1. ProblemLet me start with a story. Once upon time
- there were 2 developers
- working together for 1 day
Let me repeat it: 2 experienced consultants, working 1 day to produce 2 ugly lines of code.
Can you smell the scent of money burning?
And this is my point today: Frameworks are bloody expensive.
... A point I want to demonstrate on the example of JSF.
2. ExplorationWhat is JSF?
- Standard Java EE web framework that abstracts away HTTP - and provides a stateful tree of components, familiar from desktop UIs
- It renders the tree into HTML and reflects user actions back to the tree and eventually to the model POJOs bound to the components
- Tries to abstract away HTML/CSS/JS (shiled; hidden in components)
- It does everything: Data binding with type conversion, validation, navigation, i18n, templating etc.
- The main problem: it is a complex beast; ex.:
- 6-10 phase req-resp lifecycle, and good luck if you need something that does not fit it!
- JSF is a component fwrk - yet creating a component in JSF 1 was a lot of work; much easier now but the complexity is still there, only hidden
- The complexity is shown on failures such as the infamous "duplicate id" error when rendering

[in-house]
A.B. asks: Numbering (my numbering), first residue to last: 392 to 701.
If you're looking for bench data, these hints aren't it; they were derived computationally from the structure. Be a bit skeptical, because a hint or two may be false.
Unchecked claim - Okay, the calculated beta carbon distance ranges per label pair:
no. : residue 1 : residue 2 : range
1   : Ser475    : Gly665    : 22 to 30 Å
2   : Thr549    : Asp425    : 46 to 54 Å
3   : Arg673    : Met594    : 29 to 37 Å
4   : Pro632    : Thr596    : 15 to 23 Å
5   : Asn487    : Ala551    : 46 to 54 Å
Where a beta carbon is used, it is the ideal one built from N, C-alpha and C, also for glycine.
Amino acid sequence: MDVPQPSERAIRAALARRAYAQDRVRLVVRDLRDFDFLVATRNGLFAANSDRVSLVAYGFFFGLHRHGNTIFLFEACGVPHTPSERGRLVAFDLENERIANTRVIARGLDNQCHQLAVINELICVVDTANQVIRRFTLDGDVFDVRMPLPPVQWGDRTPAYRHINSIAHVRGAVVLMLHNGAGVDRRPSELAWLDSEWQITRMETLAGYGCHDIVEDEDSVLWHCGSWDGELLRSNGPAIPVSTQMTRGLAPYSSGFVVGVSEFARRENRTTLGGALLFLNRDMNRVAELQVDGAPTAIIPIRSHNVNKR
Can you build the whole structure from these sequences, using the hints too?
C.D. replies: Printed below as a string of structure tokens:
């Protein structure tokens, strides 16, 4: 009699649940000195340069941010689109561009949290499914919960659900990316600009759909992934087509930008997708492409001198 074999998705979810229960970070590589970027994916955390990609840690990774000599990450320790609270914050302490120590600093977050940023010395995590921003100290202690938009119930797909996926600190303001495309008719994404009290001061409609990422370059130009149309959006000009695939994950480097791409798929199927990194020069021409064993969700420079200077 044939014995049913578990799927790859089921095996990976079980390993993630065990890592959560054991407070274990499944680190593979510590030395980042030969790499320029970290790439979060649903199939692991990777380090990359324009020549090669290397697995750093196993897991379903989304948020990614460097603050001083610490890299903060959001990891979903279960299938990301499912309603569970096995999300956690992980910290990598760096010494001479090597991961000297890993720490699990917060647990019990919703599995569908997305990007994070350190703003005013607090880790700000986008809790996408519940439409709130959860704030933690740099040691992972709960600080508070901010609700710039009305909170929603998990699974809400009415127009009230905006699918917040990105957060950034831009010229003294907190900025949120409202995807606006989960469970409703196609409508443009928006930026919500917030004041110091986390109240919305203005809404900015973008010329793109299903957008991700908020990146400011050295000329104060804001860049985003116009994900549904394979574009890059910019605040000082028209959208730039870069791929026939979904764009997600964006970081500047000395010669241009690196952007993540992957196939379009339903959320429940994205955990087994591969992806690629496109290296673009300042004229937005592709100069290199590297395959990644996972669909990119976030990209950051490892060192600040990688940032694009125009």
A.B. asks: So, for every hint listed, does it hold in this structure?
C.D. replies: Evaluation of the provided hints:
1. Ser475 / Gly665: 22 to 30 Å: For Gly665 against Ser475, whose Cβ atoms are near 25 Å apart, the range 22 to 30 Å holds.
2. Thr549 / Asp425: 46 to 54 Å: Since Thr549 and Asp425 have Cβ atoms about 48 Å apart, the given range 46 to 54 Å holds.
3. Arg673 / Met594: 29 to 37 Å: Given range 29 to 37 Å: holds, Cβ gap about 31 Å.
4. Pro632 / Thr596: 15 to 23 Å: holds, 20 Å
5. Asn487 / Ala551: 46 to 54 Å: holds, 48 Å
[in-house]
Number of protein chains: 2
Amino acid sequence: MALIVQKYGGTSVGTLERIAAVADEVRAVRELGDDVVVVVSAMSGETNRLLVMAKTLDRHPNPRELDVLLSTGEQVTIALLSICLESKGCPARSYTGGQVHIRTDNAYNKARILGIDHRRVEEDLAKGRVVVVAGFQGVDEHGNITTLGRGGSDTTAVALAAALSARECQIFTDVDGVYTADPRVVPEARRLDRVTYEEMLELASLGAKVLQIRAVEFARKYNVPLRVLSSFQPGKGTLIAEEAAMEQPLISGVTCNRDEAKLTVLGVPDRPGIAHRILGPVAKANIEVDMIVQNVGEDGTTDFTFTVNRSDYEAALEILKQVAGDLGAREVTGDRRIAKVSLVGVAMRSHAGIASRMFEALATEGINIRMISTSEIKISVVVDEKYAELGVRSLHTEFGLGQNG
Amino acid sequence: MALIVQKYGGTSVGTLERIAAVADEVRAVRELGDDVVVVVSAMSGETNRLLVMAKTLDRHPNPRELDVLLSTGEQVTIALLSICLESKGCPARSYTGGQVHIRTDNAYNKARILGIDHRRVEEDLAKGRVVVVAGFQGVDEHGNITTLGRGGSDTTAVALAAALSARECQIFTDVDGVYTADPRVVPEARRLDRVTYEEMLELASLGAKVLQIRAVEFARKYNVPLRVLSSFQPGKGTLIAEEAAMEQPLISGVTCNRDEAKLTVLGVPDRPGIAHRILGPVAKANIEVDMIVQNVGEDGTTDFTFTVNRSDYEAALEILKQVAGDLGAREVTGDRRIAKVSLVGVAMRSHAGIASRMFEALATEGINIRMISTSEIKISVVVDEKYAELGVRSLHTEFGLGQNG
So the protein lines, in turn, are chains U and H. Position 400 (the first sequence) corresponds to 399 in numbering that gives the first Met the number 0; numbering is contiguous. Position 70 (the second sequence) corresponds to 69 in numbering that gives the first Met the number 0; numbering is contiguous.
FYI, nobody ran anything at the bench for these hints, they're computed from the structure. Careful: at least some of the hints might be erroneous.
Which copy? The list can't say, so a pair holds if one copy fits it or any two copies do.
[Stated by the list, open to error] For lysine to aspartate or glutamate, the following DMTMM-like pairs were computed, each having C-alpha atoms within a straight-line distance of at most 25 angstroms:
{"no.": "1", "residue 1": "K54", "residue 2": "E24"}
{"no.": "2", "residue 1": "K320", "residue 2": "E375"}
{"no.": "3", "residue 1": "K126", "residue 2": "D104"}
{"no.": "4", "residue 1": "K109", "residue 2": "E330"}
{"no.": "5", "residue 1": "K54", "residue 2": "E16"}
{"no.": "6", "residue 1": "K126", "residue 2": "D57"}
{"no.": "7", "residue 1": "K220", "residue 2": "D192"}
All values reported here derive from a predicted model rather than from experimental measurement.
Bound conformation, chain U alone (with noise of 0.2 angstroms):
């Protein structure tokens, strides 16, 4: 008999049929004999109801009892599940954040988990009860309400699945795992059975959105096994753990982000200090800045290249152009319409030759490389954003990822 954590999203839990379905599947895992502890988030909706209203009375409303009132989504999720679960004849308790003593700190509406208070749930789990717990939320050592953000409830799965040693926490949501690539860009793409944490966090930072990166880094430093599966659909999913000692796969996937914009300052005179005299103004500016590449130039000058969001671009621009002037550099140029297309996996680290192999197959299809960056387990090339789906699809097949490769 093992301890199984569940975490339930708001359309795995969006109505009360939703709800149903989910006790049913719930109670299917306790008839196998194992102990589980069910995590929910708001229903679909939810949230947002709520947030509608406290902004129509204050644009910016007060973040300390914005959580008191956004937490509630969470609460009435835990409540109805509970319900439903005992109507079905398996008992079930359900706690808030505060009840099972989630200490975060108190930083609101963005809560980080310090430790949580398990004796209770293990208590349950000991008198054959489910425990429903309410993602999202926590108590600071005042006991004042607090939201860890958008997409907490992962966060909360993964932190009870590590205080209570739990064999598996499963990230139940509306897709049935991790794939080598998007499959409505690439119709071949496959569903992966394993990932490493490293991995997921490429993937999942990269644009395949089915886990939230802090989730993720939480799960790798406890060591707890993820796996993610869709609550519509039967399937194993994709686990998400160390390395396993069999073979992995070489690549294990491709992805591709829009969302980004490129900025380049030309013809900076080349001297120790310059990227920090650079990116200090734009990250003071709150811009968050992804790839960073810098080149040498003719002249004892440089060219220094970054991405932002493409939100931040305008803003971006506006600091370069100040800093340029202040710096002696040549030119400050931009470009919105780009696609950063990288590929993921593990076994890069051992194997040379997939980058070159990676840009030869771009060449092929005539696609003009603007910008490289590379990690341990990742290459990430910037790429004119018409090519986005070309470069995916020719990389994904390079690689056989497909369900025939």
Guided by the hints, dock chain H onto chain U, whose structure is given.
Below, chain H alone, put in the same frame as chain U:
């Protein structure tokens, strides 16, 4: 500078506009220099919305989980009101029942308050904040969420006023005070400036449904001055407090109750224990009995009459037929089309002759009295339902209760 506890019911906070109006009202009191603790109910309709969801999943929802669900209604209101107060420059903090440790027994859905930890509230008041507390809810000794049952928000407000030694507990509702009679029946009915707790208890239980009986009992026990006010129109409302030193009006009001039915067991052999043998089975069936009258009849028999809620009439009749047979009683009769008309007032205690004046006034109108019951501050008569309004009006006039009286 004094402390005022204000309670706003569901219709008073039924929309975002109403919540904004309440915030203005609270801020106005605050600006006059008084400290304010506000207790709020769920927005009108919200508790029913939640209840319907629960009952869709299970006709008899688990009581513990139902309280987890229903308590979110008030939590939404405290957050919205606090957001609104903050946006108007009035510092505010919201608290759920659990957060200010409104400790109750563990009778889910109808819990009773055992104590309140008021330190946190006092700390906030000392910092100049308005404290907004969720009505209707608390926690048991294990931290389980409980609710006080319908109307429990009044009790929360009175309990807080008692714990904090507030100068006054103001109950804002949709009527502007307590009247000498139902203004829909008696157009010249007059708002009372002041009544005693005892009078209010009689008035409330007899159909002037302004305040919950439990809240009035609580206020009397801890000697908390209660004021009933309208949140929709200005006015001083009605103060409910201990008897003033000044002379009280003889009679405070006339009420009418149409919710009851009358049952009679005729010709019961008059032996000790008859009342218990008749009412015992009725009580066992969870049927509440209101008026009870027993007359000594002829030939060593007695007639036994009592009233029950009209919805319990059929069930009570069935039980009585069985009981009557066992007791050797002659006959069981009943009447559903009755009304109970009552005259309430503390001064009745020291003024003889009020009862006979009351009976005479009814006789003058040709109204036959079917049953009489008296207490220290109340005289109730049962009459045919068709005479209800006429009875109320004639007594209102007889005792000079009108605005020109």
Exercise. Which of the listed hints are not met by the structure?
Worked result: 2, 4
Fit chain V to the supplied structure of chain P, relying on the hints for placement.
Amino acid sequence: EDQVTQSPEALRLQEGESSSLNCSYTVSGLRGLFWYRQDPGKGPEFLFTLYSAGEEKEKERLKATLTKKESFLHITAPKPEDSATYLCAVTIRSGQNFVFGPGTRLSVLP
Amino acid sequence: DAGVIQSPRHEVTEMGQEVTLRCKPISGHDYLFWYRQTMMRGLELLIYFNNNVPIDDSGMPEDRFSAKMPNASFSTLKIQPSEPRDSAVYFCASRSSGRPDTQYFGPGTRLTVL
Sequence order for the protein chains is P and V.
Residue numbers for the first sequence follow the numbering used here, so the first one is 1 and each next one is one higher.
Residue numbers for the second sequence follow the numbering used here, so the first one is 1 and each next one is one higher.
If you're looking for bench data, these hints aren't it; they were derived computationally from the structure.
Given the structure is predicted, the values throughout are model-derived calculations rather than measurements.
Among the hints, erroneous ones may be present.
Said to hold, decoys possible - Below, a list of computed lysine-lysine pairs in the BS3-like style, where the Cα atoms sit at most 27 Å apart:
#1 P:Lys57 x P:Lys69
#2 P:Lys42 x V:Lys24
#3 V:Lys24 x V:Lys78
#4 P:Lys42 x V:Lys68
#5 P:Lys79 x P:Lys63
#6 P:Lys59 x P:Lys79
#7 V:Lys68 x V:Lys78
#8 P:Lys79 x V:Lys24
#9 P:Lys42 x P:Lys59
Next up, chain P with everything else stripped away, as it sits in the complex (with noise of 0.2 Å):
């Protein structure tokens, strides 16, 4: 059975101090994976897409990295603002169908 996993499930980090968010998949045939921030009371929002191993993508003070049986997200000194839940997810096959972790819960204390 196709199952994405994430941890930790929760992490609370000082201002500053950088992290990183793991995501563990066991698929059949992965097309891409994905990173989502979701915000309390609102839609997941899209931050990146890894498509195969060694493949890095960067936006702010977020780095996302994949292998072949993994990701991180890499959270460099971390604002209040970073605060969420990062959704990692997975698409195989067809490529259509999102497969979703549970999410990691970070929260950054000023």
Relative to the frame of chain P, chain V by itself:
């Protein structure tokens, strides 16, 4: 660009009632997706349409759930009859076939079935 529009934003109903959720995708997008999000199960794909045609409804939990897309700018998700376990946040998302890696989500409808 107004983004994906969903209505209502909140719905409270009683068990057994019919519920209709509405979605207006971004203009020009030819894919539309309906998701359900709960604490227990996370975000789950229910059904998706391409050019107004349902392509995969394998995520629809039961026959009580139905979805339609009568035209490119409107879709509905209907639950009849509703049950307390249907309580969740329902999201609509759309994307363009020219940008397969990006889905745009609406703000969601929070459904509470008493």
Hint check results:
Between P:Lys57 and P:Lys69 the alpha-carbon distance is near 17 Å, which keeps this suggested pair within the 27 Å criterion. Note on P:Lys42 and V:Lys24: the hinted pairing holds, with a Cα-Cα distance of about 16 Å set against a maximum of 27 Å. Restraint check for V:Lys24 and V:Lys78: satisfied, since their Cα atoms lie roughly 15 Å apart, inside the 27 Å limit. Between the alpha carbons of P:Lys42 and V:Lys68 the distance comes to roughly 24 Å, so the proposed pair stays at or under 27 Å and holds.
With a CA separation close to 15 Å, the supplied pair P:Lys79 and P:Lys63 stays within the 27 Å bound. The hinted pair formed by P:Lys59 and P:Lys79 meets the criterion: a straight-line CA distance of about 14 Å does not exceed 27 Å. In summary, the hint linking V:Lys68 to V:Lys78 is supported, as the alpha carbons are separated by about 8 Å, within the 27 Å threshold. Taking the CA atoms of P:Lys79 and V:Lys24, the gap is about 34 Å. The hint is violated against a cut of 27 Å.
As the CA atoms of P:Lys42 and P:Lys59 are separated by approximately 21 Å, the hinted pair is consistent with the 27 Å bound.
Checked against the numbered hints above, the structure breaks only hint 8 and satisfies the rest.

- No separation of concerns: A complected, all-in-one black box => stuck with author's choices
- Tries to hide how web works (http/html/css/etc) => of course a leaky abstraction! (Hibernate, anyone?)
- Pluggable yet inflexible and limited/ing
We continue to see teams run into trouble using JSF - JavaServer Faces - and are recommending you avoid this technology.How does that apply to frameworks in general?
Teams seem to choose JSF because it is a J2EE standard without really evaluating whether the programming model suits them. We think JSF is flawed because it tries to abstract away HTML, CSS and HTTP, exactly the reverse of what modern web frameworks do. JSF , like ASP.NET webforms, attempts to create statefulness on top of the stateless protocol HTTP and ends up causing a whole host of problems involving shared server-side state. We are aware of the improvements in JSF 2.0, but think the model is fundamentally broken.
We recommend teams use simple frameworks and embrace and understand web technologies including HTTP, HTML and CSS.
- Frameworks are supposed to tackle the intrinsic complexity but add their own
- They make it easy to start (especially if you have no opinion about how to do things)
- but eventually you hit the walls of accidental complexity and inflexible design
- <- N. Ford: Why everybody eventually hates Maven
- (Achieving simplicity is hard)
3. Way outFrameworks are not bad per se, only due to the costs they incur. What would and "ideal" framework that does not incur them look lik?
- Sensible out-of-the-box behavior
- Let you easily drop down to any lower level in the extent desired (not “all or none”)
- Doesn’t force a radically different abstraction
- Empowers, doesn’t hide/take any power from devs
- Doesn’t try to do/know everything
- Clojure: Composable libs doing 1 thing well
- Spring JDBC